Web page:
Mwakiro II Basic School in Mwakiro commune is situated 53kms of Muyinga province centre in the northern part of Burundi.
The dry season is starting, with the sun shining bright, and school activities going on as usual. The closer you get to the school, the smell of food and fumes are felt and one can see from afar a group of people cooking in big pots.
The school is running a canteen where children get lunch at noon.
Inside Grade 6 classroom there is Ange, 16. Two years ago, Ange got sick and missed a whole school year. This year, she resumed and is happy to have lunches at school.
“As soon as I recovered, I decided to resume. I did this mainly because I had difficulties getting food at home, all whilst at school children were eating at midday”, says Ange.
Oscar Ntawuyankira, Mwakiro II Basic School headmaster, says that there are parents that are very poor who fail to provide for their children. This affects their children in many ways, including leading to poor performance or dropping out.
According to a study done in 2018 by the national education office for planning and statistics (BPSE) there are high school dropout rates nationally (8%) and high grade repetition rates (27.7%), while transition to secondary schools is only at 49%.
In Mwakiro, the situation is changing for the better since World Vision was blessed with funding from the United Nations World Food Programme for the Home Grown School Feeding project.
“Before, an average of 60 children could leave the school each year; only three have left for this year", says Oscar. "Overall performance has increased to 76%, and good health among students is noticeable”.
The funding is enabling school canteens to be run in 90 schools in Muyinga province, and helps approximately 50,000 school children benefit from the Home Grown School Feeding project which provides them with hot meals.
Rugero Jeremie, project coordinator, says that the project aims at helping increase the attendance of schoolchildren in pre-schools and targeted basic education schools through school feeding initiatives.
School headmasters in Mwakiro affirm that since the project has been implemented, enrolment increased and retention also”, says Oscar Ntawuyankira, headmaster of Mwakiro II Basic School that hosts 435 schoolchildren.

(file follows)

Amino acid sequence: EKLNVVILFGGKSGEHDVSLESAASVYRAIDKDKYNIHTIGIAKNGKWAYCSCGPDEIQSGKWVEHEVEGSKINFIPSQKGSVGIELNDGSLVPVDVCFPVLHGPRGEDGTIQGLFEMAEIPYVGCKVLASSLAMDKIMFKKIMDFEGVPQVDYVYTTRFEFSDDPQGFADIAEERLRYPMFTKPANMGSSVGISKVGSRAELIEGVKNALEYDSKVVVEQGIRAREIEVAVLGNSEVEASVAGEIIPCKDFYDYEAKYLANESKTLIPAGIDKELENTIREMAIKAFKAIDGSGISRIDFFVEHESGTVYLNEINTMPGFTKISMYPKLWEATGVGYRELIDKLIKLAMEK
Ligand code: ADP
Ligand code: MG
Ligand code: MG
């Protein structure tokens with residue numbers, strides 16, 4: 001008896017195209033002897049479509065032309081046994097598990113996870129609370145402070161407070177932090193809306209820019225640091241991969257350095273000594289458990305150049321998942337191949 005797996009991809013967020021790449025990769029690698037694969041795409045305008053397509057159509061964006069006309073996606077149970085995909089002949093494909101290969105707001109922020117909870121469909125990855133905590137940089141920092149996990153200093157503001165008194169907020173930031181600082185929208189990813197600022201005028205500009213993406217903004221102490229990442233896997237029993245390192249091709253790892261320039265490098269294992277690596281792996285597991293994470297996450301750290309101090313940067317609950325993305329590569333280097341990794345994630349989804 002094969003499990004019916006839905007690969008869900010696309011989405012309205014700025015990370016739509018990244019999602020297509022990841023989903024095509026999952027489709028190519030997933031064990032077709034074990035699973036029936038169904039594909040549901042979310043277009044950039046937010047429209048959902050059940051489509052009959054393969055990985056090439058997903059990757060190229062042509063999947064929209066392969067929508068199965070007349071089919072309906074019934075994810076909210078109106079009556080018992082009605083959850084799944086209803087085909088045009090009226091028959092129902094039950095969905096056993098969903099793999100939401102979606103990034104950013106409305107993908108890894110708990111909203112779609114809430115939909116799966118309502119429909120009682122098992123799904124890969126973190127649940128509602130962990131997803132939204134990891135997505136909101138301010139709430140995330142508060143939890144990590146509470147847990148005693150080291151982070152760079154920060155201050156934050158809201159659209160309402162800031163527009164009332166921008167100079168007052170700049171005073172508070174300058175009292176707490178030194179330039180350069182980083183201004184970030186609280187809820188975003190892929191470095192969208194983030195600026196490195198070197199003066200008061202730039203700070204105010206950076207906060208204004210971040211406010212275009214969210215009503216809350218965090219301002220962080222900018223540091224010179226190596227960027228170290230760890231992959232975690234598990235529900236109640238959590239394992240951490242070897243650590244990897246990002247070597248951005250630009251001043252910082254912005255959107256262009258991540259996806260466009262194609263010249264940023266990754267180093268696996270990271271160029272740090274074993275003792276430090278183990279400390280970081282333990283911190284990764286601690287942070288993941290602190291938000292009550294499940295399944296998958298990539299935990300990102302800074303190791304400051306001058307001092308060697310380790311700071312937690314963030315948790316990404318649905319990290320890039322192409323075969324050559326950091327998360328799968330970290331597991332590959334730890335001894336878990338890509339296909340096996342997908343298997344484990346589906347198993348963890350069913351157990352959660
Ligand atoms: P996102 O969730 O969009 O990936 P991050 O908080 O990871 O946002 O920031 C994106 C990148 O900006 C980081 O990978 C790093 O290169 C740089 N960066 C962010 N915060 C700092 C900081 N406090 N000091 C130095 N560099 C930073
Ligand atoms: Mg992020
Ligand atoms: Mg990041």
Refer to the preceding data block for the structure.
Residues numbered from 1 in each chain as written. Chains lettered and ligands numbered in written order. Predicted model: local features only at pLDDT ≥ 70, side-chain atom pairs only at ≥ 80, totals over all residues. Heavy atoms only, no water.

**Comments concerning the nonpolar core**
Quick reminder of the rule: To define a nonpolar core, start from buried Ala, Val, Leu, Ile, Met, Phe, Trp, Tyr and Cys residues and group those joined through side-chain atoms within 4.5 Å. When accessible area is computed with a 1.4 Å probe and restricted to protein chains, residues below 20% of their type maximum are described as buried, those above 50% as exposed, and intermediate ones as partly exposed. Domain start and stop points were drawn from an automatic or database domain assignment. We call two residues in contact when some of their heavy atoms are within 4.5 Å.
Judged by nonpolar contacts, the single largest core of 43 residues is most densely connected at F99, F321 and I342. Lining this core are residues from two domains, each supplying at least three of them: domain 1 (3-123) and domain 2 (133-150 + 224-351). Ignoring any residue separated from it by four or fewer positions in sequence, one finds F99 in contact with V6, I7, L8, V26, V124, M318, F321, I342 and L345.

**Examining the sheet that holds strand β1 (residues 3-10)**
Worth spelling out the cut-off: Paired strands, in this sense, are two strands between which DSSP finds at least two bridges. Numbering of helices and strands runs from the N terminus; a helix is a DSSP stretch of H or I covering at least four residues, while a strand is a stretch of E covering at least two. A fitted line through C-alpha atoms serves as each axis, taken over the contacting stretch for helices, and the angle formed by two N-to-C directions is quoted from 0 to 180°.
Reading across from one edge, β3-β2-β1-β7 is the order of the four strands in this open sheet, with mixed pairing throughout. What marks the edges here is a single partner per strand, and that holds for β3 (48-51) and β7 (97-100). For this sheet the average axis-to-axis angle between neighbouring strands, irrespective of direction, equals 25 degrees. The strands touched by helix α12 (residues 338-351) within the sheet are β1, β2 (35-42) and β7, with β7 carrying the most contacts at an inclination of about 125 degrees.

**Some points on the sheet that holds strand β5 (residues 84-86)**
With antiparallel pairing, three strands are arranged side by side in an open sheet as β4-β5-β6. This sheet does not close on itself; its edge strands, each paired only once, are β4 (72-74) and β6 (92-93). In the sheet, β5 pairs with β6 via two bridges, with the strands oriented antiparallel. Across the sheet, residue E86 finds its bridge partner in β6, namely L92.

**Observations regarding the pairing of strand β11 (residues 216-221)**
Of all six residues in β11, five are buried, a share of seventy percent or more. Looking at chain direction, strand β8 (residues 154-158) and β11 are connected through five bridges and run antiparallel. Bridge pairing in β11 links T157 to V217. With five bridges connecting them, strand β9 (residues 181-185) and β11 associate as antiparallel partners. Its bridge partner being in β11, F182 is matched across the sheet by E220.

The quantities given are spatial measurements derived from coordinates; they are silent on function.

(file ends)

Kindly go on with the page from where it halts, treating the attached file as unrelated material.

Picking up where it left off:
In Ange’s class, they are 51 children, and no one has dropped out since this school year began. “This wouldn’t be the same if World Vision would not be implementing a school canteen here”, she says.
The food served in the canteens is made of maize bread, vegetables, fish, and beans. Schools either provide vegetables that they planted near their schools, or children collect them from their homes.
Nsabimana Clemence, a mother of two children that benefit from the canteens is happy to offer her services.
“As parents we avail ourselves to cook the food, bring water and firewood. We do it for free as it is for the betterment of our children”, says Clemence, who is also the head of the school canteen management committee at Mwakiro II Basic School. The committee oversees the rations offered to children, including stocks and quantities needed each day.
According to her, the canteen has been incredibly helpful as she gets time to work on her farms without worrying about the time to prepare food as they go to school.
Clemence, who appreciates the initiative as a parent, notes reduced absenteeism among schoolchildren and social cohesion among them as they sit together to share food.
Schools’ authorities work with committees run by parents to make the canteens successful. In Mwakiro II and in other schools where the canteens are run, they planted amaranths, eggplants, onions, and bananas to complement the food availed by World Vision thanks to World Food Programme support.
Some schools keep guinea pigs and have pigsties to complement the rations provided by World Vision.
Such initiatives also enable schoolchildren to take the seedlings and plant them in their homes. “Malnutrition-related diseases decreased significantly among school children”, says Oscar.
Improvements at school nurture improvements at homes
The study done by BPSE in 2018 also reveals that some root causes of dropouts and low retentions are lack of hygiene care in open and bad latrines, especially for girls.
Through the Home Grown School Feeding project, hygiene was not left behind as improved nutrition goes hand in hand with improved hygiene.
“We sensitise families to have improved latrines. This means a latrine deep enough, well covered, roofed, with a door and equipped with a tippy tap. We were told that without hygiene, diseases are welcome”, says Jeannette, 13, a member of a hygiene club at Mizuga Basic School. World Vision has initiated 142 hygiene clubs in Muyinga.